Louisiana Avenue is a busy residential street that runs along several south city parks and connects to a variety of local businesses and neighborhood schools. It is also a pilot site for the City of St. Louis’ Calm Streets Concept, an initiative funded by the Environmental Protection Agency to create a network of Calm Streets in the city. Calm Streets are residential streets where the use of traffic calming features, such as curb extensions and speed humps, are used to reduce vehicle speeds and make the street safer for people walking, biking and driving.
The block of Louisiana between Osage and Gasconade Streets was the site of a Calm Streets pop-up demonstration on Thursday, November 17. Staff members from the St. Louis City Street Department and Trailnet staff and volunteers installed temporary crosswalks, a roundabout, and other items designed to slow traffic speeds. The traffic calming features remained in place throughout the day while driving behaviors were observed and feedback was collected from community members.
Many respondents were enthusiastic about the traffic calming measures and how they would contribute to safety for everyone using the street. One resident acknowledged that we “definitely need something to slow traffic.” Two community members were supportive because “there are lots of kids on this street.” One resident stated that “if you have to put a speed hump every six feet, I’m all for it!”
We look forward to continuing our work with the community, with elected officials and with other project partners to realize the vision of a network of calmer safer residential streets. To read more about Trailnet’s Calm Streets Project, click here.
Wendy Campbell is an enthusiastic person who has “never met a stranger.” She is outgoing, generous, and thoroughly engaged in her community, the Dutchtown neighborhood of south St. Louis.
Wendy’s primary mode of transportation around Dutchtown and throughout the city is her bike; she says she “feels like a little kid again” every time she rides. And Wendy’s kids are often riding bikes right along with her. They all surely inspire others to get on two wheels for some good fun and real health benefits!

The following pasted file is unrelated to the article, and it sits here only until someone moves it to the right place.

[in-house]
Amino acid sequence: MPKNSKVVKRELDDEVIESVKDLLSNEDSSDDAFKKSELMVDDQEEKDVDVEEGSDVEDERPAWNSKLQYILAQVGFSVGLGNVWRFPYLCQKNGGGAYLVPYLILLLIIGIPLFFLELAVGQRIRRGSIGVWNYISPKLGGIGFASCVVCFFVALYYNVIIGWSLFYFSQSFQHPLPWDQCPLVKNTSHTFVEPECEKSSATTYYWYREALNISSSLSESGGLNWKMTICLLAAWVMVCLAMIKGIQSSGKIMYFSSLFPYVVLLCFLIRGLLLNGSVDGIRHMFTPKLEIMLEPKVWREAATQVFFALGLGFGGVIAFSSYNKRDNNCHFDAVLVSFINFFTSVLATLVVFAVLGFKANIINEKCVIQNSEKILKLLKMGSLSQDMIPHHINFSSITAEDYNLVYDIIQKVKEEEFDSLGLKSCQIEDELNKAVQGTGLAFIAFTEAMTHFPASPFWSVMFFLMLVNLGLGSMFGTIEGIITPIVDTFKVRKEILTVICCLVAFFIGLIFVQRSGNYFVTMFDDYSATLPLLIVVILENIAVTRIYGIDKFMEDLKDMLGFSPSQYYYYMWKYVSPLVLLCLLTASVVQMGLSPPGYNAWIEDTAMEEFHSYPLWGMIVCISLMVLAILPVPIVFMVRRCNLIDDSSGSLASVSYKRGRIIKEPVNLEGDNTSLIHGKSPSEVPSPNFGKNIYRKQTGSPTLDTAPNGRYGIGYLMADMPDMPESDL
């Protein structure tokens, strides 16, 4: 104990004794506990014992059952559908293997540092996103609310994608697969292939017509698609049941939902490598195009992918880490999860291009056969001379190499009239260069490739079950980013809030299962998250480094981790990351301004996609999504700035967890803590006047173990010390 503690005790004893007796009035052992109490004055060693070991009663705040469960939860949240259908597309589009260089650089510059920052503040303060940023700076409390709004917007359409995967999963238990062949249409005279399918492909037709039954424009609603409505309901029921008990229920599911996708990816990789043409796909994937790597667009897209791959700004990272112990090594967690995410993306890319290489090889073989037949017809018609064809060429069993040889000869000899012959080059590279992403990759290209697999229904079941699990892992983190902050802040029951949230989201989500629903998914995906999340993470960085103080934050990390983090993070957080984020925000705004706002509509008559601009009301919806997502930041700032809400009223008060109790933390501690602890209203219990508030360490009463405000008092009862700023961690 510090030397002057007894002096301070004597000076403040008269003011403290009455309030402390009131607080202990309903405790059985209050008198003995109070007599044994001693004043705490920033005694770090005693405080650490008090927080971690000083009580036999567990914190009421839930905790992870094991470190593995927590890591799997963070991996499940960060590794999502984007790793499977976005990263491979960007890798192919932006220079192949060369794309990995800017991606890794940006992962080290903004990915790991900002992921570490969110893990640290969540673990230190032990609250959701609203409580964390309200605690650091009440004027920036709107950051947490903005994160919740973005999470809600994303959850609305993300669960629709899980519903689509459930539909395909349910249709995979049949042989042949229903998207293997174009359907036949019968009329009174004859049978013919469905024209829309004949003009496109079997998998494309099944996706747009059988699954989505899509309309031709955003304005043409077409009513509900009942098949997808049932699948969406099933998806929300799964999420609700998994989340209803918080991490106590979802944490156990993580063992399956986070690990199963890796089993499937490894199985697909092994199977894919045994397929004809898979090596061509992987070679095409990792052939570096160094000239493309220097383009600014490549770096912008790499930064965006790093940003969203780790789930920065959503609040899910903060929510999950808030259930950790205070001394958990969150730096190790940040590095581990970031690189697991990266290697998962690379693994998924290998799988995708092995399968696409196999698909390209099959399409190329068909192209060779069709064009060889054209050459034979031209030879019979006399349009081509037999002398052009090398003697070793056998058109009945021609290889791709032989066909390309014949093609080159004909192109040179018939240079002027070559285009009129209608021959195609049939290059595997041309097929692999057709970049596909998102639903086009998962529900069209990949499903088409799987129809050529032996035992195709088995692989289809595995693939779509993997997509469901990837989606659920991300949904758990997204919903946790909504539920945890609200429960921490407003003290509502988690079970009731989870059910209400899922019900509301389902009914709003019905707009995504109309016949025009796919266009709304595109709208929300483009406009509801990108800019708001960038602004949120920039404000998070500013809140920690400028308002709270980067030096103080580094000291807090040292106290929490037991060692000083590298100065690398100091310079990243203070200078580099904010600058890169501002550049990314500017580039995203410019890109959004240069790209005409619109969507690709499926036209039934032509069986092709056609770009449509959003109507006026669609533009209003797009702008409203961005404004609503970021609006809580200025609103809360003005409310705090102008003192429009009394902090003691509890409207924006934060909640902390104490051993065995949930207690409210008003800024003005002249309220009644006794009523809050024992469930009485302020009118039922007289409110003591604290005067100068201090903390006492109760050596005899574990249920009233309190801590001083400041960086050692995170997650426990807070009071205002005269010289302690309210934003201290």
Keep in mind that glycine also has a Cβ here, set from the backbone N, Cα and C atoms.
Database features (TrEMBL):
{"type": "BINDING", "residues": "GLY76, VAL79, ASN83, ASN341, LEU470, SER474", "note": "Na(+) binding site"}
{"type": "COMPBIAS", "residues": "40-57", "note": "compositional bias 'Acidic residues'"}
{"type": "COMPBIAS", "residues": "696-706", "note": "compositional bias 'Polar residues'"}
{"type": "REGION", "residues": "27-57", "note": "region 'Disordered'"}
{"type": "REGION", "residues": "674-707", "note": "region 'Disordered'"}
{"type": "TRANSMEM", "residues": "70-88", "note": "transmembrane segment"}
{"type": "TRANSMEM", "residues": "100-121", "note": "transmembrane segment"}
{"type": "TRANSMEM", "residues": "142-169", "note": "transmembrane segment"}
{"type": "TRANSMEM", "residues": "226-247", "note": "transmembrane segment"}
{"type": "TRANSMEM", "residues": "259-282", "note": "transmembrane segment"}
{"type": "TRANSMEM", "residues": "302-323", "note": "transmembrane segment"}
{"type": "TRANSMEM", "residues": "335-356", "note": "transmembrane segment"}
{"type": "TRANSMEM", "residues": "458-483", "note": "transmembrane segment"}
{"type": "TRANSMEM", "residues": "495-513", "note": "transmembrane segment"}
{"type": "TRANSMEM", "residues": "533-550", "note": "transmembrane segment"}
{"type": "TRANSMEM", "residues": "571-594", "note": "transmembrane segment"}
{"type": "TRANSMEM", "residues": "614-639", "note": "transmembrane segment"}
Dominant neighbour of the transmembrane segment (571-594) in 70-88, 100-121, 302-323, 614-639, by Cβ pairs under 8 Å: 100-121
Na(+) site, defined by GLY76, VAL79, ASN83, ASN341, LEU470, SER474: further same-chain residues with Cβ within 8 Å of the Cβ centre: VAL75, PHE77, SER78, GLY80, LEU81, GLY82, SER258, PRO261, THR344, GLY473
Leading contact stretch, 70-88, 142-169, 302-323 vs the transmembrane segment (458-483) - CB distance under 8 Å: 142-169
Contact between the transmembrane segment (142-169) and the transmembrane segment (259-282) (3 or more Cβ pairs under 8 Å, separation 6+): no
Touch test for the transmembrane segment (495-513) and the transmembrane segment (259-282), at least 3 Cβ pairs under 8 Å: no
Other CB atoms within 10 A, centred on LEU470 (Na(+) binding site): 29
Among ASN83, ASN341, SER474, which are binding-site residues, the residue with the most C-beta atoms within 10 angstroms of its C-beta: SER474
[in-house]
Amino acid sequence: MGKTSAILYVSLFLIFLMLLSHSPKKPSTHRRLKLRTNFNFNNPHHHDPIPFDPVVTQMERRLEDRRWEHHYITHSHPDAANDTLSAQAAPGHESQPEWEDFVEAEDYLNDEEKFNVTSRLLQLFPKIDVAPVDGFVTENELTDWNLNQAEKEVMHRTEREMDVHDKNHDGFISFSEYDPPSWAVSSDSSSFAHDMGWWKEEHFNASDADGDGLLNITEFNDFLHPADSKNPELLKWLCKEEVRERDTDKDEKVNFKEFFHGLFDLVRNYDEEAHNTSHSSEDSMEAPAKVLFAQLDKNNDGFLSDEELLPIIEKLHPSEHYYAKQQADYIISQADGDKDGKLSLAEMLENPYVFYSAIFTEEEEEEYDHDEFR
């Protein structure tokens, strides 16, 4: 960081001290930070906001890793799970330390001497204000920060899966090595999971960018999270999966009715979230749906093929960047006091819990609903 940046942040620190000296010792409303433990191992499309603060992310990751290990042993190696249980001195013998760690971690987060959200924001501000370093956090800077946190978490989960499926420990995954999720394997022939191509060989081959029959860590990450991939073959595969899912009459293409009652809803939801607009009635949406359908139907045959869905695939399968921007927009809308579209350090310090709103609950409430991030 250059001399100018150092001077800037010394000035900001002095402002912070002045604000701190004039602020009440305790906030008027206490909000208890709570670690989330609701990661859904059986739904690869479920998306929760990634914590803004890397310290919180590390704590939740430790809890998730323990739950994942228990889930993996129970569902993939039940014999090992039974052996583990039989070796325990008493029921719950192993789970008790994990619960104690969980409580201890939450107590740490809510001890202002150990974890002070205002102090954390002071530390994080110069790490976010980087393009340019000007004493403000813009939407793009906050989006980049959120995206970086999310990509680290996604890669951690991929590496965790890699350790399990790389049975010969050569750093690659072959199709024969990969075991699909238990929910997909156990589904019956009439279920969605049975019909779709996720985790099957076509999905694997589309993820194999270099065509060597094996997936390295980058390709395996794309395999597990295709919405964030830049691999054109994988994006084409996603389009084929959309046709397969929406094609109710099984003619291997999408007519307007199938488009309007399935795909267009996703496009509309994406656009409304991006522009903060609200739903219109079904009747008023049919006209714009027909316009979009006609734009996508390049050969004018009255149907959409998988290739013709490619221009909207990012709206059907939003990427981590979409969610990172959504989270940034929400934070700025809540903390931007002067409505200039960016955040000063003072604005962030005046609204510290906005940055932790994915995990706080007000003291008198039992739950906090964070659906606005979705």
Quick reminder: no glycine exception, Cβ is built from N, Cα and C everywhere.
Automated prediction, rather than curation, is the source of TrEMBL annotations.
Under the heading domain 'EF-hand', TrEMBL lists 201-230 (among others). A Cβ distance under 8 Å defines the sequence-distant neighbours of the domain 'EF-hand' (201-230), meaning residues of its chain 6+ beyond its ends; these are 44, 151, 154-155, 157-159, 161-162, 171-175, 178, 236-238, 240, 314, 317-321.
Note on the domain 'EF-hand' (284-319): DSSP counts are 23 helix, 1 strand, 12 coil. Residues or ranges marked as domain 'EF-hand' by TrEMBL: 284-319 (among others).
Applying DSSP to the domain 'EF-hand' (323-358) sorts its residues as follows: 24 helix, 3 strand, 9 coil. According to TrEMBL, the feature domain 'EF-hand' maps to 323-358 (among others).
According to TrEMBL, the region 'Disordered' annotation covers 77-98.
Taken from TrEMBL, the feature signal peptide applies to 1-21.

Wendy Campbell and Froebel student volunteers at Dutchtown Traffic Calming Demonstration
Wendy’s main focus in her work with Trailnet has been traffic safety. Before becoming a Walk Bike Ambassador, Wendy worked with Trailnet on a Safe Routes to School program at Froebel Literacy Academy, and promoted community awareness of traffic calming tools and benefits in Dutchtown and other city neighborhoods.
This summer Wendy knocked on many doors in the 20th ward of Dutchtown and talked about active transportation and traffic safety to hundreds of potential voters during her successful campaign for committeewoman in her ward.
Dutchtown benefits because Wendy Campbell is an active resident there, and Trailnet is well-represented by Wendy as a Walk Bike Ambassador.
Mapping out a bright future for students in Dutchtown
Trailnet has collaborated with Froebel Literacy Academy in Dutchtown for several years, delivering programs focused on encouraging active lifestyles, improving safety for students walking to and from school, and presenting opportunities for community advocacy.
Selected by their classroom teachers, Froebel’s Leadership Development students are third through fifth graders that meet once a week to concentrate on communication, collaboration and decision-making abilities. Trailnet’s Walk Ambassadors Program provides these students with an ideal platform to hone these skills in fun and creative ways, while teaching the kids about pedestrian safety.